QUESTION: (Via interpreter) I have a question to both of you. Mr. Kerry, you talked a lot about the Middle East. Israel is also part of the Middle East. In Israel and around Israel, there are many people who voice the concern that the window of opportunity for a two-state solution is closing, and closing quickly. How do you assess this? How big is your concern?
And my second question: You talked a lot about November 24th, the opportunity for a conclusion of nuclear talks with Iran. What’s your assessment? If there is a solution in this field, does this actually make peace negotiations more difficult in Jerusalem if negotiations with Iran are successful? So far, Prime Minister Netanyahu voices concern because he doesn’t believe that Iran is serious.
SECRETARY KERRY: Yes, the talks. Let me – I’m not going to get into predicting possibilities or rank where we are. I will express hope, not optimism – hope that we can bridge the gaps that still exist. Both sides have negotiated in intensive and serious and respectful ways. They, I think, understand what is needed here, and let me be clear about what is needed. There is a fundamental reason why we are having these negotiations. It is because the United Nations Security Council voted a set of restrictions on Iran’s nuclear program based on the unanswered questions about where that program was going. So Iran has a very simple task, really. All it has to do is prove to the world through its transparency and accountability that its program is indeed peaceful. There are four major tracks to the potential of an Iranian bomb, and each of those four tracks needs to be clearly unattainable – and that’s what we are working to achieve – with a breakout time that is sufficient for the world to be able to respond, should that occur.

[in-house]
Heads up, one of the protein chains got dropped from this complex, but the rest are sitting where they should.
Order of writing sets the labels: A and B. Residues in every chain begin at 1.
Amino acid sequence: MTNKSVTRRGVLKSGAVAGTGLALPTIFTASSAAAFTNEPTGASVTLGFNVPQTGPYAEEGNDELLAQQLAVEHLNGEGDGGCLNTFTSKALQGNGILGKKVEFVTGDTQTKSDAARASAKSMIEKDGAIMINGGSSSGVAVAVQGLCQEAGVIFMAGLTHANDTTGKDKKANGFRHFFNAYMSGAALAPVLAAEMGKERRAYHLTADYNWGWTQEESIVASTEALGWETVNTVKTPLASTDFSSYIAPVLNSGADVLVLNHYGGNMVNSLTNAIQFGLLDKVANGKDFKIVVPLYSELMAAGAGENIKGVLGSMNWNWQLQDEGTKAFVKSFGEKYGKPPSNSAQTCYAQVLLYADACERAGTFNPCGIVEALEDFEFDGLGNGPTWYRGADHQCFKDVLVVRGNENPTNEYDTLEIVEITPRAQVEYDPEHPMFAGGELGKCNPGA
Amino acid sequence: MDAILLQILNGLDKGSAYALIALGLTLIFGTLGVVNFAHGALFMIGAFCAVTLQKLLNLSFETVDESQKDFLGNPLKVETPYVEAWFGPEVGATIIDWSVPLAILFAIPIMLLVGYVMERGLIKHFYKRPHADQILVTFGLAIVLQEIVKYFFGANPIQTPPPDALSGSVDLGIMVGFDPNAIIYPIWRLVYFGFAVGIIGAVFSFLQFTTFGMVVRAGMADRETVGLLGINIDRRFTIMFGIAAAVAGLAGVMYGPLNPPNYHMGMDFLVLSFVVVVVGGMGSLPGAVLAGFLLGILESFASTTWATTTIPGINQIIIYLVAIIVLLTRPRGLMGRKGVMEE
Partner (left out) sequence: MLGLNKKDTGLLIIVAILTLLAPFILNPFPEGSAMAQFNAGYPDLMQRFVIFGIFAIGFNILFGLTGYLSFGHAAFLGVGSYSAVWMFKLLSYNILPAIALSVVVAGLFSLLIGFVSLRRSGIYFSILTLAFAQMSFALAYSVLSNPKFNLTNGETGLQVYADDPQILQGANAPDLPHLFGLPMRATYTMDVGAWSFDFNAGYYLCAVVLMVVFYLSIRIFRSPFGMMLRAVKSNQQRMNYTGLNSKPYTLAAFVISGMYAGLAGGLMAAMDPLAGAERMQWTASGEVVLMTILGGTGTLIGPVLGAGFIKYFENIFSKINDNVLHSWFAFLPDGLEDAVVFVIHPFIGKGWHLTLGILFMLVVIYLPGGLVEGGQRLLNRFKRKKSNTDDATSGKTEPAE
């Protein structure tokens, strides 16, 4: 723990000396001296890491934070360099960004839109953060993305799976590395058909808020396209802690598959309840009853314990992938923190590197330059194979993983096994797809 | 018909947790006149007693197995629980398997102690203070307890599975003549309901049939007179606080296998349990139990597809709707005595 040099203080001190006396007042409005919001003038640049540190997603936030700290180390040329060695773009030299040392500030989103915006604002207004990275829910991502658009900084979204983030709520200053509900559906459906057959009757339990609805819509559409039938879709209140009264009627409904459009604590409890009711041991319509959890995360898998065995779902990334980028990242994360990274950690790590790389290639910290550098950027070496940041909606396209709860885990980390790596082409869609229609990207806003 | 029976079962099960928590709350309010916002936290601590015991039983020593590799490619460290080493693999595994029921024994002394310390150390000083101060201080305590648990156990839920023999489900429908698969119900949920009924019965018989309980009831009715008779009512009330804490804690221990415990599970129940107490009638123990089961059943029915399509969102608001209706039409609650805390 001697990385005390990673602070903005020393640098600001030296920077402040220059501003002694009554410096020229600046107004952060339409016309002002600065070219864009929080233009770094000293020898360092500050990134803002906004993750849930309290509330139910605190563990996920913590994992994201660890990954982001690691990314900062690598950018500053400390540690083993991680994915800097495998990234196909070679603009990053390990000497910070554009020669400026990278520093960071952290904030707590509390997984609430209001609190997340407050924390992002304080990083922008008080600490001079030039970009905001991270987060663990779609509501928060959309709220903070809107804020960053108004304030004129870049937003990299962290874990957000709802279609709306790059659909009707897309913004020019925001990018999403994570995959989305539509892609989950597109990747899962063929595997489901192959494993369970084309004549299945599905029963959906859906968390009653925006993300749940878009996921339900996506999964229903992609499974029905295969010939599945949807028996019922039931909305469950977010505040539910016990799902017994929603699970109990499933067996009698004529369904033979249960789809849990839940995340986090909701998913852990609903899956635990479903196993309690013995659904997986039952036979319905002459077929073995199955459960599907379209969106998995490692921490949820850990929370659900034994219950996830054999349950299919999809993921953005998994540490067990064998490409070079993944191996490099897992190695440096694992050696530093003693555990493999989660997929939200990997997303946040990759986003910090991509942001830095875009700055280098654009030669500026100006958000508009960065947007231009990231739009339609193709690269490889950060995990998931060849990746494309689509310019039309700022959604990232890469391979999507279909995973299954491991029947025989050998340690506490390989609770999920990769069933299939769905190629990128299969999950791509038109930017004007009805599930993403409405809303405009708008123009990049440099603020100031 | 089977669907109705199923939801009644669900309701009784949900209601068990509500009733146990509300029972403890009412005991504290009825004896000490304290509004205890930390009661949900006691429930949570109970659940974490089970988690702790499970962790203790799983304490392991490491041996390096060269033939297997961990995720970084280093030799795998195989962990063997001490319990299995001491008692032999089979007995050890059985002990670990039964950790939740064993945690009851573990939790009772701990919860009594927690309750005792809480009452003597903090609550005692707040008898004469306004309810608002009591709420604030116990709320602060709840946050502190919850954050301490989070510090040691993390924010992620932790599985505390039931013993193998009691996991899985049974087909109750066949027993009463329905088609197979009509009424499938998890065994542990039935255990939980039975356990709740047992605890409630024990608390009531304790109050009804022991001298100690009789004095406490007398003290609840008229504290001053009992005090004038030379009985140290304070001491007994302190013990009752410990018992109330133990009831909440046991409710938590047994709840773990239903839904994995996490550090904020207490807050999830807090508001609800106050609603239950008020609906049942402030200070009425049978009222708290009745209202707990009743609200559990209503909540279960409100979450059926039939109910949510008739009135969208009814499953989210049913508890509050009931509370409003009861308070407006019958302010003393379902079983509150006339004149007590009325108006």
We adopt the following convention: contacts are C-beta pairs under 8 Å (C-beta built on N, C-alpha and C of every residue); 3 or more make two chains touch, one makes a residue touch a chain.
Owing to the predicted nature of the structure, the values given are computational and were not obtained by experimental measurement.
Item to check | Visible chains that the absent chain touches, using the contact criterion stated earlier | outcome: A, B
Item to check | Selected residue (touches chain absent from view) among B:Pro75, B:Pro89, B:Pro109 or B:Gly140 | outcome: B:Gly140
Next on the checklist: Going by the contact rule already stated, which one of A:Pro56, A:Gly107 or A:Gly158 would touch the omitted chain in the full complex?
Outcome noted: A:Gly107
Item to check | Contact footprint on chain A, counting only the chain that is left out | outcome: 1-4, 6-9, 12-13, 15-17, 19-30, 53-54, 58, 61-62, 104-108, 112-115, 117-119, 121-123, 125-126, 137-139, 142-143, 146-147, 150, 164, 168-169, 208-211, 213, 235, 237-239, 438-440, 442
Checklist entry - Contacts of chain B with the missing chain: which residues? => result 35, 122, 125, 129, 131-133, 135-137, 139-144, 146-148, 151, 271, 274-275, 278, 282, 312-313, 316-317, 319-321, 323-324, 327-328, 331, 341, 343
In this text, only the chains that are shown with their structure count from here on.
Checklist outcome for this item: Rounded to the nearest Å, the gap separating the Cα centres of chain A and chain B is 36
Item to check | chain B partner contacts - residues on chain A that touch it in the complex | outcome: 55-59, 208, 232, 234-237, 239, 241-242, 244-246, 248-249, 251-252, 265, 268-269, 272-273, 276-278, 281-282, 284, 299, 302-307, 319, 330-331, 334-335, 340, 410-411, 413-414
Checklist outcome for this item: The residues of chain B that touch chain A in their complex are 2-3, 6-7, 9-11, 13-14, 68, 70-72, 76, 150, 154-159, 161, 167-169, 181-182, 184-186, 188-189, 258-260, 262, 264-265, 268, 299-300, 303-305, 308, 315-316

And I’m not going to get into the details because we’re not going to negotiate publicly. I think that’s a mistake. But I will tell you that we’re hopeful. We’re working very hard. And the Iranian team is tough, they’re knowledgeable, they negotiate hard, but they’ve also been negotiating seriously. And we will continue over the course of the next weeks with hopes that we can achieve what I think the world would like to see, which is a reduction in the possibility of further conflict and the clear path to a non-nuclear Iran, which everybody is seeking.
FOREIGN MINISTER STEINMEIER: (Via interpreter) When I elaborated on the criterions that are necessary for successful talks with Iran, I also talked about Israel. Aside from regular needs for security, aside from peace in the world, we also know that, of course, Israel has a vital interest in making sure that there is no threat posed to Israel’s security in any way. We all know that. And once again, let me reiterate there will not be a negotiated result that – a result to the negotiation that leads to Iran gaining access to nuclear weapons. At the same time, let me endorse what John Kerry just said. The illusion that some people in Israel have that the status quo is the best possible option is deemed by myself, and I think John agrees, is an illusion. After the third war in Gaza, I said the most dangerous thing is for us to actually get back to the status quo ante between – go back to the time between the second and the third war in Gaza.